The Sol Programming Language!
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  1. API Conventions
  2. ===============
  3. This document is intended to be a quick rundown on the necessary information to
  4. start extending and modifying Sol in its source form.
  5. Reference Counting
  6. ------------------
  7. Objects in Sol are *reference-counted* for memory management--that is, when
  8. initially allocated (in `sol_alloc_object`), they are set to a reference count
  9. (see the refcnt member) of 1. Every call to `sol_obj_free` will decrement the
  10. reference count of that object, and, when that reference count reaches zero,
  11. the memory is freed (on the assumption that no other references to that object
  12. exist). This does *not* prevent the occurrence of cycles, and Sol has no
  13. protection against this at the moment.
  14. As a general rule, *all* functions that return object pointers return a *new
  15. reference*--the *caller* is expected to `sol_obj_free` that reference when it
  16. is no longer needed (including immediately, for example). It is also the rule
  17. that functions that take object pointers will *borrow* those references as
  18. needed; for example, data structures that store objects will hold a reference.
  19. Sol State
  20. ---------
  21. The Sol state (type `sol_state_t`) is a structure that is passed to nearly all
  22. functions in the API, and is responsible for managing all the global state of
  23. the interpreter. Due to this separation, Sol is fully reentrant. Designers
  24. looking to modify Sol in a way that requires the introduction of data across
  25. scopes and call frames may add fields to the state; extenders may use or refer
  26. to the state uniquely to determine context, or use objects stored within that
  27. state to accomplish that task.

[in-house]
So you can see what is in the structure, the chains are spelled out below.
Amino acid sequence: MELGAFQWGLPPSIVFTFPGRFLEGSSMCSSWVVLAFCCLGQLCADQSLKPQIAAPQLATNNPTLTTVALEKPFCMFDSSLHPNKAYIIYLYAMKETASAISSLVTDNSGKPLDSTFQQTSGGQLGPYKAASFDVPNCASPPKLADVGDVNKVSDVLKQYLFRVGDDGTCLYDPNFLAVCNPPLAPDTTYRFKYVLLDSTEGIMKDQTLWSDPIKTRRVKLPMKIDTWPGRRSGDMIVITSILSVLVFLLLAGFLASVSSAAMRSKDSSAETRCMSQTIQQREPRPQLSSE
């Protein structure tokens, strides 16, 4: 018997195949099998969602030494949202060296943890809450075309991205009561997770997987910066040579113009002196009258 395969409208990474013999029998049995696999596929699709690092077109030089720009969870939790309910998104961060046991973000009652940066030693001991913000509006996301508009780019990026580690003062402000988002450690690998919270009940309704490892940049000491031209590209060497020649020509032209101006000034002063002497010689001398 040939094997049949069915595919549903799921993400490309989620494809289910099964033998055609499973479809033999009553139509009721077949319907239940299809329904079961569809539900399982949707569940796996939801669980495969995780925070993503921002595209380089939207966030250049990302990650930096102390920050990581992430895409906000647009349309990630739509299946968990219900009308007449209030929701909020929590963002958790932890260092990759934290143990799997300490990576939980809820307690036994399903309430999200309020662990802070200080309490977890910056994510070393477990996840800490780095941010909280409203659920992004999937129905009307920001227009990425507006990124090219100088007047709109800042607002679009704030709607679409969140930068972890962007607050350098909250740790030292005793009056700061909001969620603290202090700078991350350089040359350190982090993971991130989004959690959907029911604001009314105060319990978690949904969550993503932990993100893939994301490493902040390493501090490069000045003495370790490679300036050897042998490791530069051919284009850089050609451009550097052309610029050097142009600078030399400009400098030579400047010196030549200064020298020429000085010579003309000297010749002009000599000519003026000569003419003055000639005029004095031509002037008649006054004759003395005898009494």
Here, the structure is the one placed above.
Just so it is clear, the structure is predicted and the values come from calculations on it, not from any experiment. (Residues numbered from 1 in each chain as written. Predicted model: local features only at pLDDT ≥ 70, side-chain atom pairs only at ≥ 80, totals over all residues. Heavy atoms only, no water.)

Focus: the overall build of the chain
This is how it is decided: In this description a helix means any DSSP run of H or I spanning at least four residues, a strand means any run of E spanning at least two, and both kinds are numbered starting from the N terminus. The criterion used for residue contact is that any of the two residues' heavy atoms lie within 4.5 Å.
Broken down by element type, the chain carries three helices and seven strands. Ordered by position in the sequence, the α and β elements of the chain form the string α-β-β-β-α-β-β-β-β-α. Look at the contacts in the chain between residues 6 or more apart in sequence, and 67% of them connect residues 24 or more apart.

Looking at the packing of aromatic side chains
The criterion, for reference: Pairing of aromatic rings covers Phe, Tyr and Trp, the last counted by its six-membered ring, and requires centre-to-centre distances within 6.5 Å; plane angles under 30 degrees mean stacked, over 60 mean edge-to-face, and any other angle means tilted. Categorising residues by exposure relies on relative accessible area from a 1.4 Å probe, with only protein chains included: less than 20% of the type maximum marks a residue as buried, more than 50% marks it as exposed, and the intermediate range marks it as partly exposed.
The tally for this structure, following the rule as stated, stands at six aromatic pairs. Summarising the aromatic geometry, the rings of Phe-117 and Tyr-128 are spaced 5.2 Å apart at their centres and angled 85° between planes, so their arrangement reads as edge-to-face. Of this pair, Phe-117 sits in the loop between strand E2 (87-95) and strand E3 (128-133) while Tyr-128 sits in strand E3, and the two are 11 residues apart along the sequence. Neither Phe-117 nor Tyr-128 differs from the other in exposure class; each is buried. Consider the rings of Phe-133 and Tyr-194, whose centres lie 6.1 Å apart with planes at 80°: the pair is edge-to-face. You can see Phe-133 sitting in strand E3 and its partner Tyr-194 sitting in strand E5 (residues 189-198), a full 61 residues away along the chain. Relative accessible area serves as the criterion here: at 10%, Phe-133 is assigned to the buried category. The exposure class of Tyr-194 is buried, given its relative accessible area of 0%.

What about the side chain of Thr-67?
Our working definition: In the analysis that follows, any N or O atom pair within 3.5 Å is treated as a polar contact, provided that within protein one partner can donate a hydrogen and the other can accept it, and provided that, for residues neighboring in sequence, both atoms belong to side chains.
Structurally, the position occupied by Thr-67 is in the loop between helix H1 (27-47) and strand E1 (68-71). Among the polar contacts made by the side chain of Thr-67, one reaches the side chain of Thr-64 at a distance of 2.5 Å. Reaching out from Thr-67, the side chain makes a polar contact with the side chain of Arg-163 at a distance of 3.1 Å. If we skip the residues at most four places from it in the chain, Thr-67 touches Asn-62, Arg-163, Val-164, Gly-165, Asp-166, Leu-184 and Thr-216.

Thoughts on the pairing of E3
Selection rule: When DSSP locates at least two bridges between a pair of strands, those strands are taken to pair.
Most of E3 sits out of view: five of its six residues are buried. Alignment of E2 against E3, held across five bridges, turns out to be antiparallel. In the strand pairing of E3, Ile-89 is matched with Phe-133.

28. Naming
  29. ------
  30. Names exported in `sol.h` should be safe to use publicly--that is, they should
  31. have a low chance of conflicting with names used in other programs; the typical
  32. convention is to prefix every such name with "sol_". Names in `ast.h` are not so
  33. restricted, and are typically included in many of the internal C files. `ast.h`
  34. includes `sol.h`, and so only one of the two headers needs to be used. Note that
  35. some references in structures defined in `sol.h` refer to types in `ast.h`, and
  36. these are intentionally left as void pointers; Comments and other documentation
  37. should indicate their true type.
  38. File Structure
  39. --------------
  40. This list represents the file structure at this time, and may not be kept up to
  41. date:
  42. - object.c contains all routines for the runtime, including creation,
  43. destruction, and manipulation of most objects.
  44. - builtins.c contains the vast majority of built-in functionality, including
  45. most of the type methods as included in the `sol_ops_t` structures.
  46. - runtime.c contains the interpreter and related routines, including execution
  47. and evaluation, ones defining the calling convention, and the manipulation of
  48. ASTs.
  49. - state.c contains state management routines, such as those for initializing
  50. and finalizing a state, getting or setting errors, and resolving names in
  51. scopes. Module, type method, and other initialization is done here.
  52. - gc.c contains the memory management routines.
  53. - astprint.c contains routines for displaying ASTs on stdout.
  54. - solrun.c contains the main() function for the interpreter.
  55. - cdata.c contains definitions of various CDATA (C interface) types--presently,
  56. only the CStruct (a way for C code to specify struct layouts to Sol
  57. programs).
  58. - util.c contains utility routines--importantly, a safe call/return trampoline
  59. for extension code.